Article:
On August 14, 2012, the U.S. Patent and Trademark Office issued rules implementing various provisions of the Leahy-Smith America Invents Act (AIA). The following articles outline the finalized and proposed rules and how the changes will affect your organization. Please click on any of the headlines below to read the complete articles on the respective topics.
First Inventor to file
The U.S. Patent and Trademark Office has issued proposed rules to implement the "first-to-file" provisions of the AIA. The rules are open for comment until October 5, 2012. The first-to-file system goes into effect on March 16, 2013. All patent applications with an effective filing date of March 16, 2013 or later will be subject to the first-to-file rules. The first-to-file system grants patent rights to the first inventor to file a patent application regardless of who was the first to invent. Current interference practice will be eliminated for all patent applications subject to the first to file system. The rules are the last steps in the conversion of the U.S. patent laws from a first-to-invent system to a first-to-file system. This change continues the process of harmonizing the U.S. patent laws with the rest of the world.
Inventor's Oath or Declaration
The U.S. Patent and Trademark Office issued final rules, effective September 16, 2012, that implement provisions of the Leahy-Smith America Invents Act related to an inventor's oath or declaration. See 77 Fed. Reg. 48776 (2012). The rules streamline the statements required in an inventor's oath or declaration and permit these statements to be included in an assignment. In lieu of an inventor's oath or declaration, a substitute statement can be filed in certain circumstances. Further, the filing of the inventor's oath or declaration can now be delayed until an application is in condition for allowance. The rules also modify existing practice by relaxing the requirement that only inventors may be an applicant for a patent application and now permitting an assignee to be an applicant for a patent application.
Supplemental Examination and Post-Grant Proceedings
The U.S. Patent and Trademark Office issued rules implementing provisions of the Leahy-Smith America Invents Act relating to supplemental examination and post-grant proceedings (inter partes review, postgrant review, and transitional program for covered business method patents) effective September 16, 2012. As of that date inter partes review will replace inter partes reexaminations. After passage of the AIA, the USPTO issued final rules relating to changing the standard of inter partes reexaminations effective September 16, 2011 for the transitional period until the implementation of inter partes review.
Third Party Submission
On September 16, 2012, final rules issued by the U.S. Patent and Trademark Office that implement provisions of the Leahy-Smith America Invents Act related to preissuance submissions by third parties become effective. The rules modify existing practice by allowing third parties to submit documents with a concise description of relevance of each document submitted in the same or greater time period than previously allowed. The rules, once effective, apply to any application filed before, on, or after September 16, 2012.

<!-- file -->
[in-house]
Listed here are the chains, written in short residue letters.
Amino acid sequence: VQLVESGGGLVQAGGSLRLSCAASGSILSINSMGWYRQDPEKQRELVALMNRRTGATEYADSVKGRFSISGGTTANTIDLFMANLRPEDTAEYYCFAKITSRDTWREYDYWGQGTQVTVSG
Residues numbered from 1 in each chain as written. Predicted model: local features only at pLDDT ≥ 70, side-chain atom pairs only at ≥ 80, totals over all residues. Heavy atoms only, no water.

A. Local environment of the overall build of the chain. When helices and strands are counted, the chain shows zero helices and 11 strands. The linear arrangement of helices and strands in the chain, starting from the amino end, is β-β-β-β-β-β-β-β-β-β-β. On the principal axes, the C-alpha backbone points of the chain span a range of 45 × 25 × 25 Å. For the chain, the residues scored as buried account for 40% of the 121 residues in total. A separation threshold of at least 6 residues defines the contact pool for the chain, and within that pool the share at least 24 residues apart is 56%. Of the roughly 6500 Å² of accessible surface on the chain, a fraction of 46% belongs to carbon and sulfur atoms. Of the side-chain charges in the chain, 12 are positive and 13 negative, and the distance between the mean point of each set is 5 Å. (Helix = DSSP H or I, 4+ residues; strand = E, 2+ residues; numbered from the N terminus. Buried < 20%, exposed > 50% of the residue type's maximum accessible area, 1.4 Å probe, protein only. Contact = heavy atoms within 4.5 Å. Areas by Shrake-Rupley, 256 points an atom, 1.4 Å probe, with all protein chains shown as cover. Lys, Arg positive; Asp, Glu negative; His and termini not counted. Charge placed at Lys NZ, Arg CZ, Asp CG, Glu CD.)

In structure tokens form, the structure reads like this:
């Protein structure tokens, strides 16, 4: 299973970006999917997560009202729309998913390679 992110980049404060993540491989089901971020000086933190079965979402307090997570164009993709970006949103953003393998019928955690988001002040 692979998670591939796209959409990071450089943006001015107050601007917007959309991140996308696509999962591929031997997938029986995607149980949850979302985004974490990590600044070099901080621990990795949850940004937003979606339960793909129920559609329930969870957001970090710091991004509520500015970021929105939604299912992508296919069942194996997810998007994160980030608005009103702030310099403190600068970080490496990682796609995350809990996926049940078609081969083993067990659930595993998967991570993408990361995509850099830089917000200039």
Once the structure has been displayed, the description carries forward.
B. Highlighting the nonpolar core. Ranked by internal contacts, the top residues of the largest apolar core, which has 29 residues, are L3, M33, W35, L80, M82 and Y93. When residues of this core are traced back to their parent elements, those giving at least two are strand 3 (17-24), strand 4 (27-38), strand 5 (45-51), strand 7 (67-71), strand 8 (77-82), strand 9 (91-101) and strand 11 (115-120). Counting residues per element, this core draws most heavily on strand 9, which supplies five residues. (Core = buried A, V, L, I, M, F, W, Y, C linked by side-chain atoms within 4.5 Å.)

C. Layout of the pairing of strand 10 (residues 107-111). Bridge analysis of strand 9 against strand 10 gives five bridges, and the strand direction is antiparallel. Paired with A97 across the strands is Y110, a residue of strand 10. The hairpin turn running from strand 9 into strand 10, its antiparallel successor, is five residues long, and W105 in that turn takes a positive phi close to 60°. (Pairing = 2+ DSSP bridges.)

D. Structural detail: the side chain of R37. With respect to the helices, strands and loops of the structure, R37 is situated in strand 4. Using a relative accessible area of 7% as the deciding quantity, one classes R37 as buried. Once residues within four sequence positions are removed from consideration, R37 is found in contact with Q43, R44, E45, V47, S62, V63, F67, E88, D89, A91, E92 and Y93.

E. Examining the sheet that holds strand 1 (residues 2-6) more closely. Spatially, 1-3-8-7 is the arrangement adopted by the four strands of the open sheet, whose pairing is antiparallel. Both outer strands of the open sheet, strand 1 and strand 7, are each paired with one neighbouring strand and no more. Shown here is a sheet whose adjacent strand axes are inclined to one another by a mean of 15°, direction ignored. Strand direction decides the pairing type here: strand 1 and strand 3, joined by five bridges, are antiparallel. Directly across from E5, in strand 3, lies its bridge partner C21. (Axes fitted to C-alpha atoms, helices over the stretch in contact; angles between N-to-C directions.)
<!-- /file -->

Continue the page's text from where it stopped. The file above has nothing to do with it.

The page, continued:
Citation of Prior Art and Written Statements in a Patent File
On September 16, 2012, final rules issued by the U.S. Patent and Trademark Office that implement provisions of the Leahy-Smith America Invents Act related to citation of prior art and written statements in a patent file become effective. The rules modify existing practice by allowing any person to file a written submission directed to (1) prior art consisting of patents or printed publications that the person making the submission believes to have a bearing on the patentability of any claim of the patent; or (2) statements of the patent owner filed by the patent owner in a proceeding before a federal court or the U.S. Patent and Trademark Office in which a patent owner took a position on the scope of any claim of the patent.
Prioritized examination (PE) has been implemented under the AIA to give applicants more control over when their applications are examined. The goal is to provide a final disposition within twelve months, on average, of prioritized status being granted. As of September 26, 2011, so-called Track I requests for prioritized status may be filed for original utility or plant applications. The program was extended on December 19, 2011 to permit a single request for prioritized status upon filing an RCE or after an RCE is filed but prior to a 1st Examiner's Action.
Definitions for the Transitional Program for Covered Business Method Patents
The U.S. Patent and Trademark Office issued final rules, effective September 16, 2012, that implement provisions of the Leahy-Smith America Invents Act related to definitions for the transitional program for covered business method patents. See 77 Fed. Reg. 48734 (2012). The rules set forth definitions for a covered business method patent and a technological invention.
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